I wonder how they do with lashings of red dust and numerous bities?

This is kind of exciting.

I know lots of people have lots of problem with background noise and such.

Is that a big issue for any of my fellow deaf here?

Will I really be able to hear stuff and all?
MontereyJack
 
  3  
Reply Tue 22 Mar, 2011 11:46 pm
This is probably not applicable to you, deb, but I went to too many very loud rock concerts and spent too many years with very loud headphones on and blew out a fair bit of what I, with an audio background, think of as midrange (which audiologists, thinking of the human voice,think of as high frequency). Unfortunately that means that I have a harder time understanding women, whose voices are higher, than men. Damn.

Got a hearing test a couple years ago, and was told at the time that neither analog nor digital ones would help very much, tho digital ones would cost a lot more. Their advice boiled down essentially to "Learn to read lips". Which wasn't particularly helpful. Maybe the ttunable digital ones that can selectively boost specific parts of specific octaves, rather than a general boost, which they seem to be coming out with now, would supercede that recommendation.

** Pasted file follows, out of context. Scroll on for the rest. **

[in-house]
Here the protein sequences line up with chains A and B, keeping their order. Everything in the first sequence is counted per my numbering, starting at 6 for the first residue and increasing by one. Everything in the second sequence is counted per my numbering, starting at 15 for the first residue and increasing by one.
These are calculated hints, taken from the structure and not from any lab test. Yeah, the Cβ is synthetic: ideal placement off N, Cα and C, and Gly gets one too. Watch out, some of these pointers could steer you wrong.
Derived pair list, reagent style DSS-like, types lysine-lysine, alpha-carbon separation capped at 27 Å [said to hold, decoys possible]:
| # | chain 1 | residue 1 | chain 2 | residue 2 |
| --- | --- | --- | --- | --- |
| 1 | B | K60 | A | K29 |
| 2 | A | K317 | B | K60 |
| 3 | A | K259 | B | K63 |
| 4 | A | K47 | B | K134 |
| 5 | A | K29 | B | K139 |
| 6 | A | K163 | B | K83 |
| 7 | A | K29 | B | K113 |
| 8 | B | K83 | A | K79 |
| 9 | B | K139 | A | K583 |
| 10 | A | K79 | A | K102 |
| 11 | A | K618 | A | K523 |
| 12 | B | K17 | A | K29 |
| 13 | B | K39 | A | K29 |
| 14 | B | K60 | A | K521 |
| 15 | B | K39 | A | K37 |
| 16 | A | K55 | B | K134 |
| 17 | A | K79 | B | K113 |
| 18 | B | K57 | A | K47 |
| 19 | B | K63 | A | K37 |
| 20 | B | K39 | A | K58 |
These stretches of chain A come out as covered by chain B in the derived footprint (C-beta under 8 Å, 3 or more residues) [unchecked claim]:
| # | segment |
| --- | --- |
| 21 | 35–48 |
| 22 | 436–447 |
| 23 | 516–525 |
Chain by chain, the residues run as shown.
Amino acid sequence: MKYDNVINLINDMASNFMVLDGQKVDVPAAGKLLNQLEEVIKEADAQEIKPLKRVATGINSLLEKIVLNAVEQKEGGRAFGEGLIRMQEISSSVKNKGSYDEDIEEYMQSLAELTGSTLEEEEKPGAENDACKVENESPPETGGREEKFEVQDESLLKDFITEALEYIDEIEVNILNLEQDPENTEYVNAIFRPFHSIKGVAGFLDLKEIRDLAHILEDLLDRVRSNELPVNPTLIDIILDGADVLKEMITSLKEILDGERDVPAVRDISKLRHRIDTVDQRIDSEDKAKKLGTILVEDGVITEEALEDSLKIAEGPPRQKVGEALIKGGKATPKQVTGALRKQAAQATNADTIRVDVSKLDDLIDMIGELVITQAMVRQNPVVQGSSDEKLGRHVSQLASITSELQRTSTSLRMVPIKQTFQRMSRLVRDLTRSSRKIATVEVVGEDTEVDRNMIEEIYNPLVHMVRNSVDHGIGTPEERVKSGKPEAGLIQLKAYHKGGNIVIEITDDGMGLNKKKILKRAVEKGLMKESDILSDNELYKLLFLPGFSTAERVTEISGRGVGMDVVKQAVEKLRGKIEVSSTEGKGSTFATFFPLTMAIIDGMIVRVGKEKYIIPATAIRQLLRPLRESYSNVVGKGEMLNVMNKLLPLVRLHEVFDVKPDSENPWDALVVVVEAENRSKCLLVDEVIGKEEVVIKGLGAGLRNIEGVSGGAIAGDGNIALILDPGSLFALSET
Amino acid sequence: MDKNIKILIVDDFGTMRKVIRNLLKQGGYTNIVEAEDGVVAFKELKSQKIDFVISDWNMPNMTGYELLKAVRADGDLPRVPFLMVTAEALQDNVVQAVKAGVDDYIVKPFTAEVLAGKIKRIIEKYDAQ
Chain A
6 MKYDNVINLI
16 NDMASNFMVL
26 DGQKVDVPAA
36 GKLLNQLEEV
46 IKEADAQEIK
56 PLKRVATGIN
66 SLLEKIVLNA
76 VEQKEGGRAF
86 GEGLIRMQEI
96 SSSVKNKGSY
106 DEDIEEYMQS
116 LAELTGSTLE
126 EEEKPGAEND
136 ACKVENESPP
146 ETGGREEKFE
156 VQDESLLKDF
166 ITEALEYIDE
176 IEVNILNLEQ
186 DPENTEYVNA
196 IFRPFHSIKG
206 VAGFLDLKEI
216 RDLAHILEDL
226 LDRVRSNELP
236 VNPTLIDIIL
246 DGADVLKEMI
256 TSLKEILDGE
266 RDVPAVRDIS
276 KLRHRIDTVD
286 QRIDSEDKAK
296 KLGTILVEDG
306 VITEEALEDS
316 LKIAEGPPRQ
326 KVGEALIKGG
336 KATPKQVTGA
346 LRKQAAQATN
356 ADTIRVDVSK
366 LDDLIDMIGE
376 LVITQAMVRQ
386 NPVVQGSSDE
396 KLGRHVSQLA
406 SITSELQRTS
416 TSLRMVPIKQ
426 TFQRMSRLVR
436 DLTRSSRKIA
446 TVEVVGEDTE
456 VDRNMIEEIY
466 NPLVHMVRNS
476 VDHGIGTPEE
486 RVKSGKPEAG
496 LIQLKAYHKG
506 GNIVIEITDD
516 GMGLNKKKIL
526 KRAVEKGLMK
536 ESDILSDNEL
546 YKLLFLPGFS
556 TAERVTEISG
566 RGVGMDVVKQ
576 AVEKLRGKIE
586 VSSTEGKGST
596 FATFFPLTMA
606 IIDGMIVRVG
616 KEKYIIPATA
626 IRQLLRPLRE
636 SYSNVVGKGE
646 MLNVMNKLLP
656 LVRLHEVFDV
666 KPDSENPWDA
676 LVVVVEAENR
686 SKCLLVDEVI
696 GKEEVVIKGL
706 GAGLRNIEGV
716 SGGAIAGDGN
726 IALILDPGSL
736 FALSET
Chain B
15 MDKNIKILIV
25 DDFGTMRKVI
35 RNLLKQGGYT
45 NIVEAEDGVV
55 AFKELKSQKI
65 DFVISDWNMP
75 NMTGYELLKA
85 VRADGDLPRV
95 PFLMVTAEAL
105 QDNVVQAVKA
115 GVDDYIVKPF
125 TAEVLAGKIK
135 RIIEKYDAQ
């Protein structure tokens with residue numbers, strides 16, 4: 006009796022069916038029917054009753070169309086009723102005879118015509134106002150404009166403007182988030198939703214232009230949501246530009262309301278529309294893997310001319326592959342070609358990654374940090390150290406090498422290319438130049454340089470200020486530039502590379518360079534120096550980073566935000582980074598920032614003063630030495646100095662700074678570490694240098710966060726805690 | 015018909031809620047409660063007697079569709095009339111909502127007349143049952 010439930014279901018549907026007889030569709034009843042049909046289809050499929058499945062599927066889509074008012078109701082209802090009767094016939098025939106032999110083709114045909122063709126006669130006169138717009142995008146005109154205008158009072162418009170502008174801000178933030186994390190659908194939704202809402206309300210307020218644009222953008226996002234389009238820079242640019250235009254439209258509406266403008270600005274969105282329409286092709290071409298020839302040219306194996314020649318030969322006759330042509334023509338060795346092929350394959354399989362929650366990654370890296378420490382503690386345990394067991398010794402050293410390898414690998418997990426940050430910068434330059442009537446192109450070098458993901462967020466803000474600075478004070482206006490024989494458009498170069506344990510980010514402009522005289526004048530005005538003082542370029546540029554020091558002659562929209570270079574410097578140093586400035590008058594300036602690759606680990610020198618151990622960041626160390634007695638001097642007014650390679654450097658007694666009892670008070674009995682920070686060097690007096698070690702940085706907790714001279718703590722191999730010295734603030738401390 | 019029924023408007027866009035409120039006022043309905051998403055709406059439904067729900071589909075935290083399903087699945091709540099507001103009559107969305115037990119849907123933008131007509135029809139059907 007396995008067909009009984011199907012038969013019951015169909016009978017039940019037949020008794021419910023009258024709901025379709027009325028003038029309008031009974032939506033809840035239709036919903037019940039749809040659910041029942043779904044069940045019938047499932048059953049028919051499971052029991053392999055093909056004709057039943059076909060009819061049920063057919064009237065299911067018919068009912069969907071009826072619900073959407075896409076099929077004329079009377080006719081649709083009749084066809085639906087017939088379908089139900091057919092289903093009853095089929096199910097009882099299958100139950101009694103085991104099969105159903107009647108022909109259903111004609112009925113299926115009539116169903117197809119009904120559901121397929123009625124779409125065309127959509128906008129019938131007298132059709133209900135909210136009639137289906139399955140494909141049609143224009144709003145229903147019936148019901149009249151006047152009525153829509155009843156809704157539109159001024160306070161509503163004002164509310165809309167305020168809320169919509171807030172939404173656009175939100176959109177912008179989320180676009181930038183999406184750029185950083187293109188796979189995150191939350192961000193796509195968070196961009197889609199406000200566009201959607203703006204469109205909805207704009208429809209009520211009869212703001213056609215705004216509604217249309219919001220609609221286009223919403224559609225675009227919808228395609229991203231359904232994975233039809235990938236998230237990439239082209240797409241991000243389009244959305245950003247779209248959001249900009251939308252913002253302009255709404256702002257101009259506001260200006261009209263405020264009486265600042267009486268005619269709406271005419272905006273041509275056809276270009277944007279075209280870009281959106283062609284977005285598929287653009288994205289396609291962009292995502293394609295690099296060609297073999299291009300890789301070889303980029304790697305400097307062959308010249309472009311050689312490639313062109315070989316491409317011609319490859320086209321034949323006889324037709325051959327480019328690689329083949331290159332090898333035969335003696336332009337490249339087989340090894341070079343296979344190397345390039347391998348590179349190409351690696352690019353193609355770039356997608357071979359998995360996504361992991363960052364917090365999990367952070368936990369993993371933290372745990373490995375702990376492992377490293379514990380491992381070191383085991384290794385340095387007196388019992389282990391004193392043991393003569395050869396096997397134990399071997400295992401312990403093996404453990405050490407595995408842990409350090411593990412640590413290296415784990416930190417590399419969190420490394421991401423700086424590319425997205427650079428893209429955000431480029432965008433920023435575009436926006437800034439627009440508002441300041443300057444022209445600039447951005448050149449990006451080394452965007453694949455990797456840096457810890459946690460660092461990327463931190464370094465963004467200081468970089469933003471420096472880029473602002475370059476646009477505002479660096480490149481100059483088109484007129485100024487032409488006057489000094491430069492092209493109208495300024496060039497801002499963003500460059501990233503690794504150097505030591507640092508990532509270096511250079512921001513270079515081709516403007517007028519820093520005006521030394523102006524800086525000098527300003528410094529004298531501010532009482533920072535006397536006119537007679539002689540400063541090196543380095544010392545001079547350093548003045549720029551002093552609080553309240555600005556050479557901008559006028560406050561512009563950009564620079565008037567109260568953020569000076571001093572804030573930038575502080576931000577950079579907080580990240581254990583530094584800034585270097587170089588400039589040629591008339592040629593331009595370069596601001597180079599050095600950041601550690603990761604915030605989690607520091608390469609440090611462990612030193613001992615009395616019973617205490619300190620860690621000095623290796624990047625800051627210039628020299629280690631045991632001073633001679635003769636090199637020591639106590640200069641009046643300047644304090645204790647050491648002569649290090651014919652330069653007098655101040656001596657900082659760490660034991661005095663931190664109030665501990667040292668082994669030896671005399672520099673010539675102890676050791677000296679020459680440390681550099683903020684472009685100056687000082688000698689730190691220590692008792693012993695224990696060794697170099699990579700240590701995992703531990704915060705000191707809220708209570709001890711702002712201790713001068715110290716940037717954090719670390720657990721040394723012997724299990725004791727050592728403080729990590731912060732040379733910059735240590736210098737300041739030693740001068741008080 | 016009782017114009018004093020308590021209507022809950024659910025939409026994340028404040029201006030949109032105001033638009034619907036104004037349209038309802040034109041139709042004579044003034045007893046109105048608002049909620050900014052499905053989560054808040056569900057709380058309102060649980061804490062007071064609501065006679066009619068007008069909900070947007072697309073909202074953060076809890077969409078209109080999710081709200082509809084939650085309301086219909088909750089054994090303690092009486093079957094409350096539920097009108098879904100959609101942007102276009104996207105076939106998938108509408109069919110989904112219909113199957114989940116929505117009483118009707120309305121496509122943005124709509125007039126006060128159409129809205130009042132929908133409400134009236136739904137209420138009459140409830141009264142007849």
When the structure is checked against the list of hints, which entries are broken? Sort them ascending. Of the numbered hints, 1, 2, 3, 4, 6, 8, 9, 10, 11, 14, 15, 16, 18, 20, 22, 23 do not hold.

the test was done at a non-commerically related clinic, so they had no vested interest in pushing me toward a particular kind of aid--I keep getting junk mail for companies who run "free" hearing clinics (which will tell you all about their particular miracle product when you're tested)--I'm more than a little leery of them. Does the Oz health plan have anything like a large multi-discipline clinic not affiliated with commercial businesses that you can go to for a test?
dlowan
 
  2  
Reply Tue 22 Mar, 2011 11:58 pm
@MontereyJack,
I hope that is not true for me~

Mine is inherited slow, well, death, I guess of the auditory nerve.

I have lots of muso friends who are deaf as posts now....and everyone who listens to lots of loud music generally will lose hearing.